If elected, Erickson said getting all Greenwich Public Schools compliant with ADA standards will be an “extremely high” priority for her administration.
“We absolutely need to address it, but the way to address it is to holistically address it with a plan,” Erickson said. “Some of my colleagues from the other side of the aisle on the BET think that we’re just going to allocate money for an elevator, and we can slap on an elevator and that’ll solve the problem. And that’s not accurate.”
Asked for his stance on the June vote, Camillo said he disagreed with the Republican Board of Estimate and Taxation members’ decision. He added that he will continue to advocate for the renovation of the Old Greenwich School.
“We’re in agreement on most things, but when we don’t agree we’re going to do what we all think is best for the town,” Camillo said. “So I’ll continue to advocate, and I think renovating it there makes a lot of sense.”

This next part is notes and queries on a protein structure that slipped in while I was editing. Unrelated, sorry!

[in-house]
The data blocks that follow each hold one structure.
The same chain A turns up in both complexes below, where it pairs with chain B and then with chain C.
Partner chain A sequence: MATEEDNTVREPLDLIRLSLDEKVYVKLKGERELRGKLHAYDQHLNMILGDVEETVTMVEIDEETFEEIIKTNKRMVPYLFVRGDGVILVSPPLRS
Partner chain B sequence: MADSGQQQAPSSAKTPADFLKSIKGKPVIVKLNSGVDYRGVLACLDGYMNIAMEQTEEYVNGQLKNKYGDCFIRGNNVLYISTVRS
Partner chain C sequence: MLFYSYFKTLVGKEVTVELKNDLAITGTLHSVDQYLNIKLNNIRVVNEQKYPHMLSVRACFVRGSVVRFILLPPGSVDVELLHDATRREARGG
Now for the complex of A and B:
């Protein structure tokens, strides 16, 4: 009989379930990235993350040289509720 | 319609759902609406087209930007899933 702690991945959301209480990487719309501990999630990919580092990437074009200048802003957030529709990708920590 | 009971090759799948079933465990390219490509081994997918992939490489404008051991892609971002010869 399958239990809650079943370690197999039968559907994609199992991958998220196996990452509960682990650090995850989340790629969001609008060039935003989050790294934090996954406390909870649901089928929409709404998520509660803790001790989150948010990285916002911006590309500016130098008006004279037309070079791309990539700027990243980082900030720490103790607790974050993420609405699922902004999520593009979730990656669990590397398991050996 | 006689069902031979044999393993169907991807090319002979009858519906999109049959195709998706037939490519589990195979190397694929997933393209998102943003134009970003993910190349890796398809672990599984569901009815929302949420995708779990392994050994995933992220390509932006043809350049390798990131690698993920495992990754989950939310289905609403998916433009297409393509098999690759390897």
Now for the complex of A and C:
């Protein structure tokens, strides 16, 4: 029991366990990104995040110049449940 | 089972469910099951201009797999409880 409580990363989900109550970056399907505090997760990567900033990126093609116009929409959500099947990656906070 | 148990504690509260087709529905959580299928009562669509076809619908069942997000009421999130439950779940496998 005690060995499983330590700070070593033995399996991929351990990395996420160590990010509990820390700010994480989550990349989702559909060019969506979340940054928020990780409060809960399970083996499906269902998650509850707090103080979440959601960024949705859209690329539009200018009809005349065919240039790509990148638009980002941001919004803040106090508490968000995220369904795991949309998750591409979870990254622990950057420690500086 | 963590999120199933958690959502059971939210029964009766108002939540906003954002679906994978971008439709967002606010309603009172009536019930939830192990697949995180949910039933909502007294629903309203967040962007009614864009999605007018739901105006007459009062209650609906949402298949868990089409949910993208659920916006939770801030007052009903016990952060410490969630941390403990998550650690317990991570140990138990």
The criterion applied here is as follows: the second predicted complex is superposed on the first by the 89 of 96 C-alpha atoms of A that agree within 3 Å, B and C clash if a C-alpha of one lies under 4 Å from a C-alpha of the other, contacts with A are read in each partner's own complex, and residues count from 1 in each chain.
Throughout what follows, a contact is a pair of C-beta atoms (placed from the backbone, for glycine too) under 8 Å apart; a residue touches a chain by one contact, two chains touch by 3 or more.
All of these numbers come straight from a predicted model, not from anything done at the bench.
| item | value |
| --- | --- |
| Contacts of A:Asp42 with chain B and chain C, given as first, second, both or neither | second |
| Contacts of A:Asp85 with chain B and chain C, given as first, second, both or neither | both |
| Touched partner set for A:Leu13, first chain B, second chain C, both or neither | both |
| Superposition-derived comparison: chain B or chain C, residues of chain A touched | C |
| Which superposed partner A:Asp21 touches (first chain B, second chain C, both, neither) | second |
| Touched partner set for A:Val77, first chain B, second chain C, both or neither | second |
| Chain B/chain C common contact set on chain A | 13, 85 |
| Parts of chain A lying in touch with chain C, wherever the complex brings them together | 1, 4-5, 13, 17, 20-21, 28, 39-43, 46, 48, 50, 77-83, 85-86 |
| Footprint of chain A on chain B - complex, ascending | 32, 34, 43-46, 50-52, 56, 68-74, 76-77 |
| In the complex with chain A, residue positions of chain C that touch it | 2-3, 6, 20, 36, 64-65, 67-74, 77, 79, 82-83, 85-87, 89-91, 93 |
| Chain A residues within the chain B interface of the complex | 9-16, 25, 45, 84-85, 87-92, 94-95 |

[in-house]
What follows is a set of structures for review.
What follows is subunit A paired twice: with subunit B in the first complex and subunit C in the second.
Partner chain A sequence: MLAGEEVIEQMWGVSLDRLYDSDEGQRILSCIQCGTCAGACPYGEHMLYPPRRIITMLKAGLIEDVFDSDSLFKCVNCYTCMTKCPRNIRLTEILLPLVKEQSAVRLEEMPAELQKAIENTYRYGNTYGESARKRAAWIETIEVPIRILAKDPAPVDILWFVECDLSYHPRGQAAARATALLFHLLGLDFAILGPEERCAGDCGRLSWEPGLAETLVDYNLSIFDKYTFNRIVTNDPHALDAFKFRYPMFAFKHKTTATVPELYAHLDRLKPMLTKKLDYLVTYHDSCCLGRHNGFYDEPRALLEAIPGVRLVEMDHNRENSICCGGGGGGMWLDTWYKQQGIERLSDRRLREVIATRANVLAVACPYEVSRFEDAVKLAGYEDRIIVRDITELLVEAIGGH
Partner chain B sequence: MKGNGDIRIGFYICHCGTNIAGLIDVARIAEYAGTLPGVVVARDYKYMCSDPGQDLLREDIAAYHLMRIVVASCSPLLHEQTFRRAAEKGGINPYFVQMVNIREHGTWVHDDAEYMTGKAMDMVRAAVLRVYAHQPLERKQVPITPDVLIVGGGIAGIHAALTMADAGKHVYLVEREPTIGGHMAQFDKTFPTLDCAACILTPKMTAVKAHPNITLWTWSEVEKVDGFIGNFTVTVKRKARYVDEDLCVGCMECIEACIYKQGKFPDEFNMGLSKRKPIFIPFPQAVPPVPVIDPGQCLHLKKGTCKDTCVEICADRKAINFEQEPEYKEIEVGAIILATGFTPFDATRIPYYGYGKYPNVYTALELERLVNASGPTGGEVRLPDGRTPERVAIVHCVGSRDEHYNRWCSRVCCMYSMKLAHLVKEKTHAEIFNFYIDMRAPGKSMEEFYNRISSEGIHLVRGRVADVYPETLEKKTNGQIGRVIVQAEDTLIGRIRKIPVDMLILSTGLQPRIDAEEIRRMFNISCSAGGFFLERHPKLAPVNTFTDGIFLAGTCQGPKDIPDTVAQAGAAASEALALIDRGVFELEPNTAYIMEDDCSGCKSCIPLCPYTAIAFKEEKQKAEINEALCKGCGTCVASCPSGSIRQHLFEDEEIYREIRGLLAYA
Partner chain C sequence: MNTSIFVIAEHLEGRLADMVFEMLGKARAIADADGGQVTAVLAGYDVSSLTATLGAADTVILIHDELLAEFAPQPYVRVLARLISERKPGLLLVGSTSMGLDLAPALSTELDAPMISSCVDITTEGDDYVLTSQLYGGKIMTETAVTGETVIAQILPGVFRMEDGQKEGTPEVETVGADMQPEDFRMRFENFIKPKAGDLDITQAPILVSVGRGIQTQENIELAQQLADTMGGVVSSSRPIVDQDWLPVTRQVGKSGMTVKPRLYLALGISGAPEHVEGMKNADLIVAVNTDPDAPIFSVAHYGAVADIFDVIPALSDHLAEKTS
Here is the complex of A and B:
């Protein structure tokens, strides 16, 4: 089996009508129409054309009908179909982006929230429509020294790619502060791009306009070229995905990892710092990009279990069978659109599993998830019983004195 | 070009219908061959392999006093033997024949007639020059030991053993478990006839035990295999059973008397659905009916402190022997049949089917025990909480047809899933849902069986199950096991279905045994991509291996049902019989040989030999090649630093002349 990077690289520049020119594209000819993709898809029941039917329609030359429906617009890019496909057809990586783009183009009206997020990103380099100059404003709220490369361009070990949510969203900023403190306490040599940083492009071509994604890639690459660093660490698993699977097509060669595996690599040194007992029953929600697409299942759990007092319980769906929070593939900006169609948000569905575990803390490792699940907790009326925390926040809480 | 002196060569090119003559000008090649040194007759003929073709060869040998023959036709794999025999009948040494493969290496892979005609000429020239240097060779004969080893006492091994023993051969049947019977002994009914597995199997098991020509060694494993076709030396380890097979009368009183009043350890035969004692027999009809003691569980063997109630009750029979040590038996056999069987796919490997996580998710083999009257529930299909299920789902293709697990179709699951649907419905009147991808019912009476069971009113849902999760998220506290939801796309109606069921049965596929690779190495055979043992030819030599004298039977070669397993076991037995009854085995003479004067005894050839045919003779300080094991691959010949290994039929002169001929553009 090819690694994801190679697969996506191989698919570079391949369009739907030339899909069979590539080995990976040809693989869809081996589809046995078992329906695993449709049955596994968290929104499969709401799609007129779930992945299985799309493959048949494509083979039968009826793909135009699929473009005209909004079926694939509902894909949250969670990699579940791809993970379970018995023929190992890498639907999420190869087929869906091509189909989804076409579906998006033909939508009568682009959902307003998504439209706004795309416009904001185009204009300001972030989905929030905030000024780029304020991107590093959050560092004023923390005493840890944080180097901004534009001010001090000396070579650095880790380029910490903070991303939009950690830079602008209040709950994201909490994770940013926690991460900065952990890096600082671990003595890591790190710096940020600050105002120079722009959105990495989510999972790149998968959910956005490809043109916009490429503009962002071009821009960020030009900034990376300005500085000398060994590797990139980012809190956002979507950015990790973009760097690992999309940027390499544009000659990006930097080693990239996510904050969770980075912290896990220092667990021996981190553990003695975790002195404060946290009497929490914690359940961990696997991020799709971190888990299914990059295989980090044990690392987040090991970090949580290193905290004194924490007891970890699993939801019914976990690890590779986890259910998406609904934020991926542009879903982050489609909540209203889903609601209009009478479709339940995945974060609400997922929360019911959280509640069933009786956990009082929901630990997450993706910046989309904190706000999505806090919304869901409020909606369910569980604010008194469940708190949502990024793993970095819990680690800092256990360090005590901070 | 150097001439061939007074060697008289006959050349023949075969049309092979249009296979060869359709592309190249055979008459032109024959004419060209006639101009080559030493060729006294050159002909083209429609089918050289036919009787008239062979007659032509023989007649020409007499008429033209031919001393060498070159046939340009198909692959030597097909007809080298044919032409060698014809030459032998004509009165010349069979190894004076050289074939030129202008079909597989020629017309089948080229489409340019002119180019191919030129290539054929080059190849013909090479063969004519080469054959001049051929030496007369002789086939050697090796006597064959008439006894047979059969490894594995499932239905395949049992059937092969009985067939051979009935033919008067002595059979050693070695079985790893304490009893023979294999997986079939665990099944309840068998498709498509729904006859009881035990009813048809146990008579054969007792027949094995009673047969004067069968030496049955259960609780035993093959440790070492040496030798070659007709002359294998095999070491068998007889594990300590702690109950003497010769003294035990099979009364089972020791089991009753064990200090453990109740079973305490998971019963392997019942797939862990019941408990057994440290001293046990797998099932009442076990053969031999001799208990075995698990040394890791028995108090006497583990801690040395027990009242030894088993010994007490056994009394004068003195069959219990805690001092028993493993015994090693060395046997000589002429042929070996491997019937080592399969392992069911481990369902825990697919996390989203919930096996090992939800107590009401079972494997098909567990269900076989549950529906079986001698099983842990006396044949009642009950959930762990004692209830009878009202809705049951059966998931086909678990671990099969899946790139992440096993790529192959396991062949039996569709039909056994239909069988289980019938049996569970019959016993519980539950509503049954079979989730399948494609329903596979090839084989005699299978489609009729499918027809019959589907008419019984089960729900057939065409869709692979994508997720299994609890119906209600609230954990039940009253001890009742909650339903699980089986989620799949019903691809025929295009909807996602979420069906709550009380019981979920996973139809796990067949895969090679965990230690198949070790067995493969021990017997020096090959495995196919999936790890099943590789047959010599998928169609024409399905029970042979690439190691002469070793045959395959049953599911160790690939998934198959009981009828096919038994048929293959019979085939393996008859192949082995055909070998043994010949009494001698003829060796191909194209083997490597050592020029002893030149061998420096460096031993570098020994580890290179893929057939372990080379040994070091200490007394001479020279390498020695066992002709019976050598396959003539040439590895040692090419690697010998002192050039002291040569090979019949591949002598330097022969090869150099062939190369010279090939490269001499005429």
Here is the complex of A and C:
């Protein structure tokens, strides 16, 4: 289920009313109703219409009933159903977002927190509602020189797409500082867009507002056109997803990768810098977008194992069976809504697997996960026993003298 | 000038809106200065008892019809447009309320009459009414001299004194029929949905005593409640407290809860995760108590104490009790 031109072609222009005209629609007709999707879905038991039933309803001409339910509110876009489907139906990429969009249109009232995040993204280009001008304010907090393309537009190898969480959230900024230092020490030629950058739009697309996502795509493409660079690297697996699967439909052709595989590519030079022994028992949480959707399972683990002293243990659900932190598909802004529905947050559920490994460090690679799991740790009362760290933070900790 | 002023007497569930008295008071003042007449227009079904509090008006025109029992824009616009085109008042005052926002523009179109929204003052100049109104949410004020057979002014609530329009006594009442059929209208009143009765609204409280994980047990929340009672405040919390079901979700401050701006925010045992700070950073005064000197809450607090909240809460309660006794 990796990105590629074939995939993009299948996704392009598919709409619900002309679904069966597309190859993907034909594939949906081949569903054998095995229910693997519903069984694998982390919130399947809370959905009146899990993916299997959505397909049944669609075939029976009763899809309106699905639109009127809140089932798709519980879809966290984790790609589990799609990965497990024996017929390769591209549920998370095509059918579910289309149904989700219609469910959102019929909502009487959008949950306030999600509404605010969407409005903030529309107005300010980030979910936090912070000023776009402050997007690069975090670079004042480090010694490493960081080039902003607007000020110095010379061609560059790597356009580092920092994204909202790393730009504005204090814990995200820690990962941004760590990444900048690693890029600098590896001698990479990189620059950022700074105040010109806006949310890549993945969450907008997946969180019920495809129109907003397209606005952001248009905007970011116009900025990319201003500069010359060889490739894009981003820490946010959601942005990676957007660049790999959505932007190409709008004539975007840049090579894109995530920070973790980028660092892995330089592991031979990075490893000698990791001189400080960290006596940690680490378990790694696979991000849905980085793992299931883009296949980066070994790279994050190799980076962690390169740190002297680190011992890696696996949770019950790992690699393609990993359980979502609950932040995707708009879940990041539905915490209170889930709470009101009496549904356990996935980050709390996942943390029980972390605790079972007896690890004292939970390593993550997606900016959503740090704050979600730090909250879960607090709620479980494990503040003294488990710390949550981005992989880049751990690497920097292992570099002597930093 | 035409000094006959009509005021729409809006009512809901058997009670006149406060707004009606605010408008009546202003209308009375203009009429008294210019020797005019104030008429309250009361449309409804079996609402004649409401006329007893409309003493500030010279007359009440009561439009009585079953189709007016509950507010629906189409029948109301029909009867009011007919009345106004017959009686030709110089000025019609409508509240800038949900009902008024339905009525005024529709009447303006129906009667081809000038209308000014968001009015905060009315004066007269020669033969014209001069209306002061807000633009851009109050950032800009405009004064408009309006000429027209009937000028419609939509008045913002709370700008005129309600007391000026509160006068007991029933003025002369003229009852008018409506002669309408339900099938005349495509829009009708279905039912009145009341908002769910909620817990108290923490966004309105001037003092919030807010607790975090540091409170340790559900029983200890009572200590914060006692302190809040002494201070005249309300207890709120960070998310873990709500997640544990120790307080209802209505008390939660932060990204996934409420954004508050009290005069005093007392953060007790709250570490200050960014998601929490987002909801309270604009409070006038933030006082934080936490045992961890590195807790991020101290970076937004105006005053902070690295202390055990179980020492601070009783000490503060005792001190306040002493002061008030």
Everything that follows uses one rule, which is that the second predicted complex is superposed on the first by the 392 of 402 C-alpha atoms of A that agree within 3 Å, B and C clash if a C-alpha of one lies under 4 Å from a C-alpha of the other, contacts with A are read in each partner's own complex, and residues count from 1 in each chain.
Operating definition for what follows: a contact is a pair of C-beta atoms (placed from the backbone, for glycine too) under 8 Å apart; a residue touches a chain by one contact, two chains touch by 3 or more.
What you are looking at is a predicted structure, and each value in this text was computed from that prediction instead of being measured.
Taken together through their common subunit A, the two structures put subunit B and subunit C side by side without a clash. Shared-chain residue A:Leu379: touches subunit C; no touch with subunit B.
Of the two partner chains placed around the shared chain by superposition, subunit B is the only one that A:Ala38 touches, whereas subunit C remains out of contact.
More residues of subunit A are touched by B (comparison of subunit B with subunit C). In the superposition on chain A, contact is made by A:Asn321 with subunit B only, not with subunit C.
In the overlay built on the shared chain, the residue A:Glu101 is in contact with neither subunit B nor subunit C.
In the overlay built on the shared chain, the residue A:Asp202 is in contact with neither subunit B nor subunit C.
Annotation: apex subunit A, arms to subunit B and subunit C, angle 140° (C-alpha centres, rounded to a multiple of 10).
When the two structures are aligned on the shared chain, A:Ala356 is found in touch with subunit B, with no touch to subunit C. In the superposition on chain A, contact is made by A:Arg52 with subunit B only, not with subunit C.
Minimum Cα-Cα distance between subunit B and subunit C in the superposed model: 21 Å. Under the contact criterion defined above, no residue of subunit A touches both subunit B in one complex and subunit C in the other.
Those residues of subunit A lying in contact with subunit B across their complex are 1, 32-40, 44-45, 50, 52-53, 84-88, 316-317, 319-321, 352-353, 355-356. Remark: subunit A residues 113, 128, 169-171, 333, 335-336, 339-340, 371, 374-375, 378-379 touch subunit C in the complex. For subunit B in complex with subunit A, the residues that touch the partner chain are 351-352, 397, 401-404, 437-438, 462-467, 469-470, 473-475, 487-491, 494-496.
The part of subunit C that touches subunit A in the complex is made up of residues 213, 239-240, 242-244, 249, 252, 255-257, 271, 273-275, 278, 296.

He said that he would normally agree with building anew rather than funding a $40 million renovation, but said Old Greenwich has “good bones” and simply needed updating to be ADA compliant.
Camillo also emphasized that the town could not fund renovations for all of its public schools at the same time, but could prioritize specific schools as needed.
“You can’t fund everything at once and still have your AAA credit rating, and low taxes, and sense of order and balance, and the affordability for everybody to live here – not just people that are wealthy, but everybody. That all factors into it,” he said. “So you don’t just say, ‘We’re going to fund four schools at one time.’ You prioritize it.”
A local approach to affordable housing
Of late, 8-30g – a state law which allows developers to override local zoning laws for qualifying affordable housing projects – has also become a key issue for Greenwich officials